How to Draft an Effective Business Plan Considering the Legal Implications
The road to the creation of a new business is a long one that is often filled with unexpected challenges and accomplishments. While the unpredictable nature of starting a business can be appealing to some, for many there is value in developing a plan to help guide new owners through the first months and years of operation. For this reason, one of the most important steps that entrepreneurs can take when starting out is to carefully and thoughtfully develop a comprehensive business plan.
What Is a Business Plan?
A business plan is both a map and a marketing tool for your business. A business plan helps you carefully set forth the purpose, goals, and priorities of your new business, along with guideposts to help ensure that you stay on the right path. For instance, a business plan may require you to consider what the primary purpose of your business is, or the good or service you intend to provide, who your potential customers are, and how you intend to reach them in an effective and efficient manner. A business plan also allows you to make an honest evaluation of the current status of your business and what you will need to do to get to where you would like to be. This includes taking the time to compile your business balance sheet, analyze existing income and expenses, and determine anticipated financial needs.
Did You Know?
Creating a detailed business plan can help business owners acquire outside funding.
In addition, a business plan serves as a marketing tool for new business owners who are attempting to gain financial backing, operational support, or mentoring for their new business. The financial aspects of a business plan lets potential funders or lenders analyze your current income streams and the likelihood of repayment, while the detailed explanation of your business objectives and operational plans helps to convince interested parties that you have taken the time to carefully plan your business endeavors and are invested in the success of your company.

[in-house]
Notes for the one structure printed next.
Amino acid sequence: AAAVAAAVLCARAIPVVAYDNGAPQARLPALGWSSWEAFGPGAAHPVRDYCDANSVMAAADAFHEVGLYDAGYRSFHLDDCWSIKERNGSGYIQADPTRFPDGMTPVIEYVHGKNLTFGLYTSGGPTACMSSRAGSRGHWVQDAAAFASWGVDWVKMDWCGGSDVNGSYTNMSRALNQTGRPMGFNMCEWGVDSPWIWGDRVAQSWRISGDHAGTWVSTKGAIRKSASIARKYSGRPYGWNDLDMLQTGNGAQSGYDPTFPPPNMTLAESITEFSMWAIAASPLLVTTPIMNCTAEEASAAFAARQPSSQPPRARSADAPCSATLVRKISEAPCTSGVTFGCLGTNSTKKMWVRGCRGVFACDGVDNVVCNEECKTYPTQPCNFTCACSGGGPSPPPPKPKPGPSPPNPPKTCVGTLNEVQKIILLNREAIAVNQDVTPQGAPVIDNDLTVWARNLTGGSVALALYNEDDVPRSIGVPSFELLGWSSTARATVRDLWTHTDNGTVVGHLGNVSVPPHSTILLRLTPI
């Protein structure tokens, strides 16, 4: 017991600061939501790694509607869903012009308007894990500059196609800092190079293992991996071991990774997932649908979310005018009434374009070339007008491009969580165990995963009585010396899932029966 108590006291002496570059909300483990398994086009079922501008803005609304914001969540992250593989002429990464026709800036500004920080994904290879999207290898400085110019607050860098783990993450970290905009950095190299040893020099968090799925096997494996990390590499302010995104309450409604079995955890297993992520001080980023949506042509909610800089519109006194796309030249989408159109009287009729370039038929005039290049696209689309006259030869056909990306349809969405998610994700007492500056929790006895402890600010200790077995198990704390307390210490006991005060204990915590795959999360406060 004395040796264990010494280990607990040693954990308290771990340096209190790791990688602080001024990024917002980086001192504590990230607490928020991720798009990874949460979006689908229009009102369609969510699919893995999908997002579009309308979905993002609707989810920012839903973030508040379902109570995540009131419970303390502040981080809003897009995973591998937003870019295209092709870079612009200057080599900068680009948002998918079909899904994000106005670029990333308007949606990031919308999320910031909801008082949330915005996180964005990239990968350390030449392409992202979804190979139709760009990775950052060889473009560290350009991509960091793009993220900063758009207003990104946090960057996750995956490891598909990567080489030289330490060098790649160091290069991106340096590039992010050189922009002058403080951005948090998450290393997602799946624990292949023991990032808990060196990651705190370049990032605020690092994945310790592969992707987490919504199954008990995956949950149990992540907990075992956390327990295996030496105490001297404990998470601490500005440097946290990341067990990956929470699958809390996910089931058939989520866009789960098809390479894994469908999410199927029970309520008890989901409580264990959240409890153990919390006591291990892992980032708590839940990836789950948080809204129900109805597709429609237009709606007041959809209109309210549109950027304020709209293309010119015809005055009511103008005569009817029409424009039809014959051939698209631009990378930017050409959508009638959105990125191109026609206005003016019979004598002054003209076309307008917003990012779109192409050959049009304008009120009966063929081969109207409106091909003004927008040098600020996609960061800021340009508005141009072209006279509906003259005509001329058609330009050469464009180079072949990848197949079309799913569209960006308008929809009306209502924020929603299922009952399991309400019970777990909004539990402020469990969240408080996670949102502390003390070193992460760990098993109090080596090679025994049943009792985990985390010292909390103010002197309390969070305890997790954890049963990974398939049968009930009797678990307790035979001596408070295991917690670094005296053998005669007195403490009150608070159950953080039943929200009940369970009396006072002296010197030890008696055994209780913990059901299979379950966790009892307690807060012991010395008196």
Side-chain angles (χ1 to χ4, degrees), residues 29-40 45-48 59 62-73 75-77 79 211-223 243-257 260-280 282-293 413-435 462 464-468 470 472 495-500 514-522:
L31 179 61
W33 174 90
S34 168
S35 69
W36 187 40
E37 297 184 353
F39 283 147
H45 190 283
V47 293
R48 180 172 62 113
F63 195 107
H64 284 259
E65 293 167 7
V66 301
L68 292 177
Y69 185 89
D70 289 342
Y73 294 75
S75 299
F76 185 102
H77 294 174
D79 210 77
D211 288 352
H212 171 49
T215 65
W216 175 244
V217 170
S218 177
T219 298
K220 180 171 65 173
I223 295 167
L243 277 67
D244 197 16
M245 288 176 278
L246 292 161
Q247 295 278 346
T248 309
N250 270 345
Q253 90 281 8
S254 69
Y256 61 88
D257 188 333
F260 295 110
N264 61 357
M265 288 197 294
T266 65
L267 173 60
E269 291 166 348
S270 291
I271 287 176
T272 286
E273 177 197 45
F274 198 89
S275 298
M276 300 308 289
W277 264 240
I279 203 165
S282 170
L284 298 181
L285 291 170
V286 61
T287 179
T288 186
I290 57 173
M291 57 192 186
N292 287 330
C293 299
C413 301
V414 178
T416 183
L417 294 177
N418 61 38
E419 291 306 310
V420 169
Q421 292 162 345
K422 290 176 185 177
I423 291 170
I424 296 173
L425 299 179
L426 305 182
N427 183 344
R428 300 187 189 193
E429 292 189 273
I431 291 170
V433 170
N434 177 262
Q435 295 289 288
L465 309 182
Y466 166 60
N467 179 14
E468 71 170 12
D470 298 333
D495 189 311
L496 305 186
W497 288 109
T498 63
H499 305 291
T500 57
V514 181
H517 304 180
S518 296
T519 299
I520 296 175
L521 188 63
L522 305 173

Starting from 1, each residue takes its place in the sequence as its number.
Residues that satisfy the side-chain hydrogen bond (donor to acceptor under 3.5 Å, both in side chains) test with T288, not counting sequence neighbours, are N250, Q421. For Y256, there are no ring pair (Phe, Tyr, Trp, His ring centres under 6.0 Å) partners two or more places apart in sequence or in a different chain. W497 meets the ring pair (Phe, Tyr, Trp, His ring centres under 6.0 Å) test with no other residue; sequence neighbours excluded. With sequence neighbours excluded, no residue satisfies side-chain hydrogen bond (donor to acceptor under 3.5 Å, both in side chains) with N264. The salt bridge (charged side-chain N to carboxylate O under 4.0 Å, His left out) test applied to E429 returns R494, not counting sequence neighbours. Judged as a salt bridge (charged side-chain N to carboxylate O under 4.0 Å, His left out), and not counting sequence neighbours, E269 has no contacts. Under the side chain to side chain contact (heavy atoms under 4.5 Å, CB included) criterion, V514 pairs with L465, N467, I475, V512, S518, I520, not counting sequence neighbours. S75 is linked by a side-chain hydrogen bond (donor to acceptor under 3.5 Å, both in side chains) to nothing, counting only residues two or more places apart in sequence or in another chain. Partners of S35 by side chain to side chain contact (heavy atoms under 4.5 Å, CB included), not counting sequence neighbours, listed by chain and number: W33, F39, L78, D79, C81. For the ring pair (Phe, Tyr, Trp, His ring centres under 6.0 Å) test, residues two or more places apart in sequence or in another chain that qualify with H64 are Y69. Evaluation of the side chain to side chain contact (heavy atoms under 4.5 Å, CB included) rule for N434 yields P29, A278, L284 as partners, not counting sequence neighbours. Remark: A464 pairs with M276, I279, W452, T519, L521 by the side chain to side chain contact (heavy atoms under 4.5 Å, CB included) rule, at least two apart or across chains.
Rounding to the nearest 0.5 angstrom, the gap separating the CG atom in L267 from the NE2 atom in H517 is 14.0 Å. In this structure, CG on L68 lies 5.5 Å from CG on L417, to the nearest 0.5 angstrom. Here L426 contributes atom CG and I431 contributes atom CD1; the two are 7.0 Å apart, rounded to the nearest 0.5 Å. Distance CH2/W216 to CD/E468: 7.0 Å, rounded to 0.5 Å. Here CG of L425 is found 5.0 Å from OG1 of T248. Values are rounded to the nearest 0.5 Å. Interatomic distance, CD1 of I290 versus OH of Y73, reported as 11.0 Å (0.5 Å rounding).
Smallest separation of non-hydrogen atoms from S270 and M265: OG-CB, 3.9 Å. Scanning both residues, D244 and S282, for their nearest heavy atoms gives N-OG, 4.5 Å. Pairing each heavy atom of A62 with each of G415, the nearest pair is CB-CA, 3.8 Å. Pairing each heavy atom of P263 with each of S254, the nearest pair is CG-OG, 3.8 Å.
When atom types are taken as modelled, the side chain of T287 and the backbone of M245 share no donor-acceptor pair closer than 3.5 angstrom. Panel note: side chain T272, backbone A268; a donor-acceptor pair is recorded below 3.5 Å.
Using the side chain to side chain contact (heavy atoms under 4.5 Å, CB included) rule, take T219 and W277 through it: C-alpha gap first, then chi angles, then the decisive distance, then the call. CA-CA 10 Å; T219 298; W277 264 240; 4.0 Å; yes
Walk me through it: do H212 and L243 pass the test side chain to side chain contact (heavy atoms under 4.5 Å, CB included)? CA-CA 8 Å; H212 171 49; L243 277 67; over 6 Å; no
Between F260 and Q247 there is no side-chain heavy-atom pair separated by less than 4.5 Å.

How to Write a Business Plan
There is no one specific way to write a business plan. However, there are key components that most business plans should include, and these are good starting points when working on your own plan. It may also be worth reaching out to an experienced corporate attorney to help you review and revise your business plan before presenting it to others in the business community.
Business plans typically start with a summary of the business and its objectives, and then they describe the operations of the business, the good or service it will be providing, and potential income streams in more detail. Business plans should also include a detailed description of the proposed management structure of the business, including officers or directors and possibly the envisioned composition of the board. Additionally, business plans typically include extensive financial documentation, such as balance sheets, income projections or growth model projections, any pending loan applications, tax returns of the entity, and copies of any relevant legal agreements. If the business has already been in operation for some time, the business plan may also include financial records for the months of operation.
Writing a Business Plan
Summarize the business and its objectives
Outline how the business is organized and managed
Describe what the business sells
Identify potential income streams
Include financial information, such as balance sheets and projections
Using Your Business Plan
Once you have completed a business plan that you are happy with, you will find that you will often continue to refer to your plan even months or years after it was initially completed. In the initial stages, you can use your business plan to attract investors, partners, board members, or other advisors who are interested in the model you have proposed and would like to contribute to its success. As your business develops, you can continue to refer to the plan to guide you in business decisions, as well as to track timelines or certain goals that you hoped to meet. Even after your business is well-developed, returning to your business plan can help guide your yearly planning for your company, allowing you to modify your goals as they are achieved.